Clohessy, national director for the Survivors Network of those Abused by Priests, said McCabe was “a case of a predator priest moved with no warning to unsuspecting parishes time and time again.”

The international reach of McCabe's transfer from Ireland to Santa Rosa is “frankly, even worse,” Clohessy said, due to the difficulty of investigating a priest's past from “thousands of miles away.”

Clohessy said the Santa Rosa Diocese had a “moral duty” to seek out any victims of abuse in any area where McCabe served. In addition to Eureka and Guerneville, the Irish report says he resided in Sebastopol in 1986.

McCabe subsequently enrolled in an educational course in Sacramento, where diocese officials, after learning of his background, told an Irish monsignor in June, 1987: “Urgent to get him out of the USA — to anywhere,” the Irish report says.

In early 1988, Irish bishops let McCabe return to California, the report says, noting that they “in effect, set him loose on the unsuspecting population of Stockton.”

Galvin said he had not been asked by Bishop Walsh to undertake any special outreach regarding McCabe. “There's probably not much we can do,” Galvin said, noting that the priest's alleged crimes were committed decades ago. “The publicity will be out there.”

Julie Sparacio, the diocese's victims' assistance coordinator, said she has not received any report of abuse by McCabe in the eight years she's worked for the church, nor has there been any overture to McCabe's victims.

“What I'm hopeful of is that those individuals who know someone or may have been harmed by this priest, that they'll come forward to the diocese, to me, so that we can do what we can to help,” she said.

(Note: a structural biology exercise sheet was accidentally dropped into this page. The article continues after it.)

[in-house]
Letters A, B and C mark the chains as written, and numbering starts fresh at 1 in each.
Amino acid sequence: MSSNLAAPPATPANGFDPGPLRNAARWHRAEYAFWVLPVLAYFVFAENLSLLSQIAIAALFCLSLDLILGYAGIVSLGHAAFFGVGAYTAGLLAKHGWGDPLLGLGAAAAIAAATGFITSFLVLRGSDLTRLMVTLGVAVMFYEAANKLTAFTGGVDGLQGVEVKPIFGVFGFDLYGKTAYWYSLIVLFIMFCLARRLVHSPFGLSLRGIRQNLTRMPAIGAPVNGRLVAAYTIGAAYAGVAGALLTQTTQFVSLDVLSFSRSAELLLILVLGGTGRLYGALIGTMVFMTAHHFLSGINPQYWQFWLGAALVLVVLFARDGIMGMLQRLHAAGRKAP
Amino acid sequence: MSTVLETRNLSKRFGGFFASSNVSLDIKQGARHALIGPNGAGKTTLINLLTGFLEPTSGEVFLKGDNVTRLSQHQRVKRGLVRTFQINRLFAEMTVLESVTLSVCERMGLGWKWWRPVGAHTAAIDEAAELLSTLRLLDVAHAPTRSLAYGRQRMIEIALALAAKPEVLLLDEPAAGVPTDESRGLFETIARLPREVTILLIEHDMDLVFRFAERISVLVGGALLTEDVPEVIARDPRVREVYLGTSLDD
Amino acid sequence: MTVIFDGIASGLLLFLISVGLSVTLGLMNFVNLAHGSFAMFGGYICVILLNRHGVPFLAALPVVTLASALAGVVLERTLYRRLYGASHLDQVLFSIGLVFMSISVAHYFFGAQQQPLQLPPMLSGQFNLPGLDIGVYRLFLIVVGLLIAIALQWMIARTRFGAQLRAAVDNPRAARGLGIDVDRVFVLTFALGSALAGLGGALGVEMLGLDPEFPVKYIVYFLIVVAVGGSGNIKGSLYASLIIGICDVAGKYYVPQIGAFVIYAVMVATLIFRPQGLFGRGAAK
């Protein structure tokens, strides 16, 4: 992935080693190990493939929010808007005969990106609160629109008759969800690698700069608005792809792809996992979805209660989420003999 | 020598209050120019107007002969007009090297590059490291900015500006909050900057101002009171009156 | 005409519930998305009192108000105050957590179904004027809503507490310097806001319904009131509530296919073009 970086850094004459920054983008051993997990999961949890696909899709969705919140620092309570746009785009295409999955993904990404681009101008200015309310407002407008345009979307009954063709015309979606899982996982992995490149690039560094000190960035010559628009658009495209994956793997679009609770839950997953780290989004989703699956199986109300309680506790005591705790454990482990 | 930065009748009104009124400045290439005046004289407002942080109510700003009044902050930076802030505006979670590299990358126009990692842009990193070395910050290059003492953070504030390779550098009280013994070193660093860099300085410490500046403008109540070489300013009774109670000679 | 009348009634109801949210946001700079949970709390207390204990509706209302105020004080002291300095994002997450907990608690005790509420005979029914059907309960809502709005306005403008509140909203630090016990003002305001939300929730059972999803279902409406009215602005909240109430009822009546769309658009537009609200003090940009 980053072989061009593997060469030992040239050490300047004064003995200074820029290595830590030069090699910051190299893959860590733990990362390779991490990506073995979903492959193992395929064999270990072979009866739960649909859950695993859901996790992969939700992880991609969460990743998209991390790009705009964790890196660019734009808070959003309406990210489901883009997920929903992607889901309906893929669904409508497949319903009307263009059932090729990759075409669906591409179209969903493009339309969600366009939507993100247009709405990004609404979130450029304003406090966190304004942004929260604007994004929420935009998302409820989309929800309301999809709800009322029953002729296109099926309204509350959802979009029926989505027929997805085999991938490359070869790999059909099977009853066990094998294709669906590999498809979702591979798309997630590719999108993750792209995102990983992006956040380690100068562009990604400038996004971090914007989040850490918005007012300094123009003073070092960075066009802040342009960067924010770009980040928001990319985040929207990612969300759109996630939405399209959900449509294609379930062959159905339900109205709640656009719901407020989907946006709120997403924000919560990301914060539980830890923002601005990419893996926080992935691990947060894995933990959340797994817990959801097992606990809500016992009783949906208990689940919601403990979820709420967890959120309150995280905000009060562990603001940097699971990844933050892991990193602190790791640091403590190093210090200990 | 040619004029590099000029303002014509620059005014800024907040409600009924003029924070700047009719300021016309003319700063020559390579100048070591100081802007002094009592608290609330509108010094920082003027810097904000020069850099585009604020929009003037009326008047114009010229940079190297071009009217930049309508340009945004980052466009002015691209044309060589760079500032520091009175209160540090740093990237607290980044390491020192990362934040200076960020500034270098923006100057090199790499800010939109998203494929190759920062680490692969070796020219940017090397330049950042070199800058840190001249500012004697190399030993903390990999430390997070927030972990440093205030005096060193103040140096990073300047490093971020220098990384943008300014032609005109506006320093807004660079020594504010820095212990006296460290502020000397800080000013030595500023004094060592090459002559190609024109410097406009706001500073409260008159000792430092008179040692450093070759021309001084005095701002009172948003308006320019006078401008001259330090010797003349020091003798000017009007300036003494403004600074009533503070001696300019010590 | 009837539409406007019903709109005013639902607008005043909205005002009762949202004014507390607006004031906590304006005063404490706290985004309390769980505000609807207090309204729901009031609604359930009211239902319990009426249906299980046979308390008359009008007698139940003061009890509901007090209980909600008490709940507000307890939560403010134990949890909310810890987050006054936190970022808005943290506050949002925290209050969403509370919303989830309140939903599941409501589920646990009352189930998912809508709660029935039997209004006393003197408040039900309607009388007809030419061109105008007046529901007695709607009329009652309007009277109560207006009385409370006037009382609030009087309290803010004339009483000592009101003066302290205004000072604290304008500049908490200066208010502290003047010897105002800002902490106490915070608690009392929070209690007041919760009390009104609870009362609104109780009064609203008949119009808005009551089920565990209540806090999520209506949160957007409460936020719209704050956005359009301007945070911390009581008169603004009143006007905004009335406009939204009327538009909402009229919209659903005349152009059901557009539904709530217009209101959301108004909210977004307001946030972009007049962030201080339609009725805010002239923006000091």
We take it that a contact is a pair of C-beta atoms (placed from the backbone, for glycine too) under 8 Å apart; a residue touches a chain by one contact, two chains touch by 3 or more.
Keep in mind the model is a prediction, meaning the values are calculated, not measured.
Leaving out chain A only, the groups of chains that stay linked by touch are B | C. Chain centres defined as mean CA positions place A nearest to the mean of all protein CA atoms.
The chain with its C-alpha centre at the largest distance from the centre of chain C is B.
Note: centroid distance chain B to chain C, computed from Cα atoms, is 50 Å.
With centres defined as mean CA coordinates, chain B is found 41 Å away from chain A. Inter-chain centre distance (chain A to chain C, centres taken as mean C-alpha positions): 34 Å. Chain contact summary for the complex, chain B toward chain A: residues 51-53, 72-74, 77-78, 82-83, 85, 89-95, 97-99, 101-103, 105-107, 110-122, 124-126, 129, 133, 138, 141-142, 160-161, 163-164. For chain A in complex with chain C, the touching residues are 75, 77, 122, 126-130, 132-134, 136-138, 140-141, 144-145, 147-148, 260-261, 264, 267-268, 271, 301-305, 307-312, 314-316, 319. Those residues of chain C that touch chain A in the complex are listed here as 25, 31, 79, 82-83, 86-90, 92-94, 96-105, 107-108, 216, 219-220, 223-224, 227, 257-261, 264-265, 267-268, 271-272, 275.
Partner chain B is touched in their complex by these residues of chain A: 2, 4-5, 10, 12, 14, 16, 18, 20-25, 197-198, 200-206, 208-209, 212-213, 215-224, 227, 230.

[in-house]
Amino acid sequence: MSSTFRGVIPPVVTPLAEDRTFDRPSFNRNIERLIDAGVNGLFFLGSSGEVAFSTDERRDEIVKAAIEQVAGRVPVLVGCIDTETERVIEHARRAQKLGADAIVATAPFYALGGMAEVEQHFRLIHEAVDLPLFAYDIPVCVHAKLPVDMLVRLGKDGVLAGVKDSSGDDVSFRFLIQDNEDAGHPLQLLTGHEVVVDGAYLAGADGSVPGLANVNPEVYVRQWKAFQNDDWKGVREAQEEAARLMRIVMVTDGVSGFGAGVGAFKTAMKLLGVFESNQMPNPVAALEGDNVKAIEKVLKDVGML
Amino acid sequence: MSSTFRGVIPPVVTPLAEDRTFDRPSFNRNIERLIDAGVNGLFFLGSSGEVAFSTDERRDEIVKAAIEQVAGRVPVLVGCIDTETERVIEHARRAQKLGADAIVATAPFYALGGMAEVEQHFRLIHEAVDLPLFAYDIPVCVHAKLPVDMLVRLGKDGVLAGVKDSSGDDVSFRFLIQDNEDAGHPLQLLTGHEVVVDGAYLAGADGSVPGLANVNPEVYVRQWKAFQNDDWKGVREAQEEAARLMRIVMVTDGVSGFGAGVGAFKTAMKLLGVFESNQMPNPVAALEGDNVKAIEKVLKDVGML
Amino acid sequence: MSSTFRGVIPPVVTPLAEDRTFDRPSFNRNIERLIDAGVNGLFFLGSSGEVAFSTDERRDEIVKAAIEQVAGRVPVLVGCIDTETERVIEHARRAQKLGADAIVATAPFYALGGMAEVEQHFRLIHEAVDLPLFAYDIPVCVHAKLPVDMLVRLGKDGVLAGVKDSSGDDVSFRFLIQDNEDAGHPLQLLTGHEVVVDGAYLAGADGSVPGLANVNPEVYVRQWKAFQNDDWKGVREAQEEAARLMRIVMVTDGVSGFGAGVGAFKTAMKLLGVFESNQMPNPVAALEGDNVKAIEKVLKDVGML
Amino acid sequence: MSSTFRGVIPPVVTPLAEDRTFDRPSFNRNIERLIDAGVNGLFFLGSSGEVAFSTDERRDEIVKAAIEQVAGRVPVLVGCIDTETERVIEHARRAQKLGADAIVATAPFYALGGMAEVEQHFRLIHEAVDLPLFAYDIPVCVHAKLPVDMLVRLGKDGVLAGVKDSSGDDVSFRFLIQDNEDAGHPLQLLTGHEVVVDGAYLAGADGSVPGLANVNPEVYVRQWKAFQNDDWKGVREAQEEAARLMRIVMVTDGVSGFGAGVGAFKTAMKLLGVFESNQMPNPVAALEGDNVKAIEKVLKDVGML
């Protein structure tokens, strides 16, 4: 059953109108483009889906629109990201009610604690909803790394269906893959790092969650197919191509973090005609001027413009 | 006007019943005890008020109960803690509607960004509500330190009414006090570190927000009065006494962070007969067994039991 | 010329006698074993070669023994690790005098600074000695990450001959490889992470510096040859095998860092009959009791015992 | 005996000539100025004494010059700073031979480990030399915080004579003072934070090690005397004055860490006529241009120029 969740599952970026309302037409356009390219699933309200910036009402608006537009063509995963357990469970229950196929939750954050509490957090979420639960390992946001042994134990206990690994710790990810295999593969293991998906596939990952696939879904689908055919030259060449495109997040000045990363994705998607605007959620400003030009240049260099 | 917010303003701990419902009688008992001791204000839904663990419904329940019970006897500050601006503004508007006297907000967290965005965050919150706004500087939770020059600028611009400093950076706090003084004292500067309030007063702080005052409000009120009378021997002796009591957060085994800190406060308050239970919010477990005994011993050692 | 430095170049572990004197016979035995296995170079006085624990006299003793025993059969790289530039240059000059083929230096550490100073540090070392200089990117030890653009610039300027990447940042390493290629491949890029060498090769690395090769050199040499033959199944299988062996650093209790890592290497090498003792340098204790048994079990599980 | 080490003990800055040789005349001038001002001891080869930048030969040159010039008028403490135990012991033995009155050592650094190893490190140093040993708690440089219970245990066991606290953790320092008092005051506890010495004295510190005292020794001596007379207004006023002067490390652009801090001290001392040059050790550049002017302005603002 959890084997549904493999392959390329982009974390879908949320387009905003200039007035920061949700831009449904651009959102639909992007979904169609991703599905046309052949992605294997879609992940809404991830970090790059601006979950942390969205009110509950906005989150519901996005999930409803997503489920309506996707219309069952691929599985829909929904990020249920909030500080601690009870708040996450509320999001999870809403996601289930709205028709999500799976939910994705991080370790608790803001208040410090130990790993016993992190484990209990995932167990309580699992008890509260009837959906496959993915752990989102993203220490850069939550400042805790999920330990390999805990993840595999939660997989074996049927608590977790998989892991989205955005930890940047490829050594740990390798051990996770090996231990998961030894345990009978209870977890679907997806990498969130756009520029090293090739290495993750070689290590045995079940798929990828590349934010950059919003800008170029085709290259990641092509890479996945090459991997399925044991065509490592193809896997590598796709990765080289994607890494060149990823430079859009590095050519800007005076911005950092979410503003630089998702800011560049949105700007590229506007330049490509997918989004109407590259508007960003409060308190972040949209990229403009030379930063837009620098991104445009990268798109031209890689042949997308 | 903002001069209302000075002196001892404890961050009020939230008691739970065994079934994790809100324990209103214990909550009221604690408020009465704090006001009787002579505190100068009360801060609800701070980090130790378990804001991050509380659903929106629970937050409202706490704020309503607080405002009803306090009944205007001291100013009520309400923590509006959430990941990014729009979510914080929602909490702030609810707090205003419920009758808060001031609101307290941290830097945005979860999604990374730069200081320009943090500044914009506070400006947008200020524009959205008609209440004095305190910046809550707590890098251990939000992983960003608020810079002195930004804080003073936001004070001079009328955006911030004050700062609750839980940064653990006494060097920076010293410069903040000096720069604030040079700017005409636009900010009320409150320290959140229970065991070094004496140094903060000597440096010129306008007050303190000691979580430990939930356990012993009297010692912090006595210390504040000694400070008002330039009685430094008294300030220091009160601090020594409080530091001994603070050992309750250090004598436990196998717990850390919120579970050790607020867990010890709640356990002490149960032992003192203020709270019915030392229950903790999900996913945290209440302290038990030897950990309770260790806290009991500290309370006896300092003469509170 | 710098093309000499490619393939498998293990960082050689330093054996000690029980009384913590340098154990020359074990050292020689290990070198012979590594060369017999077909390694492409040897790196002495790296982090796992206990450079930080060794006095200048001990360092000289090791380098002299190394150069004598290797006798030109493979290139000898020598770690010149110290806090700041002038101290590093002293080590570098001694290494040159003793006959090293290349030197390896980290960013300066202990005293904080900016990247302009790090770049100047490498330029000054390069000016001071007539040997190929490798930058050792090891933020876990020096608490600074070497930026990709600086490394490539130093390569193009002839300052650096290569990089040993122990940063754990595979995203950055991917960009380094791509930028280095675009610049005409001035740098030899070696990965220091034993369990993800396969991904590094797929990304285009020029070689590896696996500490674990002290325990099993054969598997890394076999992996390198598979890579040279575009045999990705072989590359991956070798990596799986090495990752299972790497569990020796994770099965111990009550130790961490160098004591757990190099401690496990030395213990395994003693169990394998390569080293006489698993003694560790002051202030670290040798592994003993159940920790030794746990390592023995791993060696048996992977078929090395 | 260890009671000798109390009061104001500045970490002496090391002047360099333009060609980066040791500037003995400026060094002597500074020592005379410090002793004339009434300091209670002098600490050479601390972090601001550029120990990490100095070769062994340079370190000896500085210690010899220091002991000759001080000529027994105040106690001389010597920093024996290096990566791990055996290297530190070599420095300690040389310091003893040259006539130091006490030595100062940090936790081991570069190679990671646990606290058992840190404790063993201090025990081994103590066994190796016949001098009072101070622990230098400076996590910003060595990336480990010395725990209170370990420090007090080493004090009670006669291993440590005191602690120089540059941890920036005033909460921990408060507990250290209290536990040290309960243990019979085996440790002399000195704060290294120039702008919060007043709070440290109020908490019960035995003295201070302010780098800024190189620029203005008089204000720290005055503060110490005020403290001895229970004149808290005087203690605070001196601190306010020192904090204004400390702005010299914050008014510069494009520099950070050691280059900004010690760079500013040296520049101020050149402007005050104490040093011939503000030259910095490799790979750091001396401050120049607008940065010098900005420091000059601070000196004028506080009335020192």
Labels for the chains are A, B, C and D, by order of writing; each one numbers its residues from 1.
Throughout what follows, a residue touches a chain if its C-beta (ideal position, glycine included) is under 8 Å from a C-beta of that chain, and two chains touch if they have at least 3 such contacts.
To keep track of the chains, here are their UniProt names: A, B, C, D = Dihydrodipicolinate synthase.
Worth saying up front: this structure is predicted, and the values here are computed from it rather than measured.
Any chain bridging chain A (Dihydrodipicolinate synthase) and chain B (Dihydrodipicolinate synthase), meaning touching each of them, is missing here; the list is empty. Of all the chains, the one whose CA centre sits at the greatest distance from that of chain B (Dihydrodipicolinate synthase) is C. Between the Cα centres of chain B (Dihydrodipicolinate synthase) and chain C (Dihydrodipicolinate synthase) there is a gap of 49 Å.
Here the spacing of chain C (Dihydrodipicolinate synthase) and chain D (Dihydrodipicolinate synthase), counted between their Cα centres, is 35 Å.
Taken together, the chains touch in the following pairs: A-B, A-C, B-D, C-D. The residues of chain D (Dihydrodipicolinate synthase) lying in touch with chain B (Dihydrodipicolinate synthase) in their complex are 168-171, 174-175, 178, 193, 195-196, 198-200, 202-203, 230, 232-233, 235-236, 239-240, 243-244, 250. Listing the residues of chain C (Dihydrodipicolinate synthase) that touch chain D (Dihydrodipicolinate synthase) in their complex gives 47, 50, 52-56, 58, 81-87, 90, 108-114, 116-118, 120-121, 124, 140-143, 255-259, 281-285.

The Rev. Loren Allen, pastor at St. Bernard Church for the past 10 years, said he has never heard of McCabe, nor had any parishioners he talked to on Wednesday.

“Apparently, he wasn't very memorable,” Allen said.

A longtime parishioner at St. Elizabeth's said he does not remember a priest named McCabe serving at the Guerneville church.

“I don't remember him ever giving any Masses here,” said Herman Hernandez, a Realtor who has been an active parishioner at St. Elizabeth's for 41 years.

But McCabe's name surfaced in legal papers as the sex abuse scandal began unfolding here in 1994.

Hurley, who headed the diocese from 1969-87, admitted to shielding abusive priests from prosecution. “I've never gone to the police,” Hurley said in a 1995 deposition. “I think there's a danger in that and therefore, I have never reported anything on anybody to the police.”

Hurley also also testified that he tore up all confidential personnel records before leaving office, an act noted in the Irish report.

But Hurley responded after Catholic parents in Eureka complained that McCabe had children sit on his knee when hearing their first confession.

“Hurley just yanked him,” Monsignor Thomas Keys, then vicar-general of the diocese, said in a 1998 deposition.

Keys, who is on medical leave from his post at Star of the Valley Church in Oakmont, could not be reached for comment.

The Irish report noted that no evidence was found of any effort by church official there to make sure that McCabe continued to take the medication, Depo-Provera, recommended in 1983 to “curb his pedophile tendencies.”

It also said that McCabe had not returned to Ireland since 1998.

“This case encapsulates everything that was wrong with the archdiocesan handling of child sex abuse cases,” the report concluded.

Staff Writer Martin Espinoza and library researcher Teresa Meikle contributed to this report. You can reach Staff Writer Guy Kovner at 521-5457 or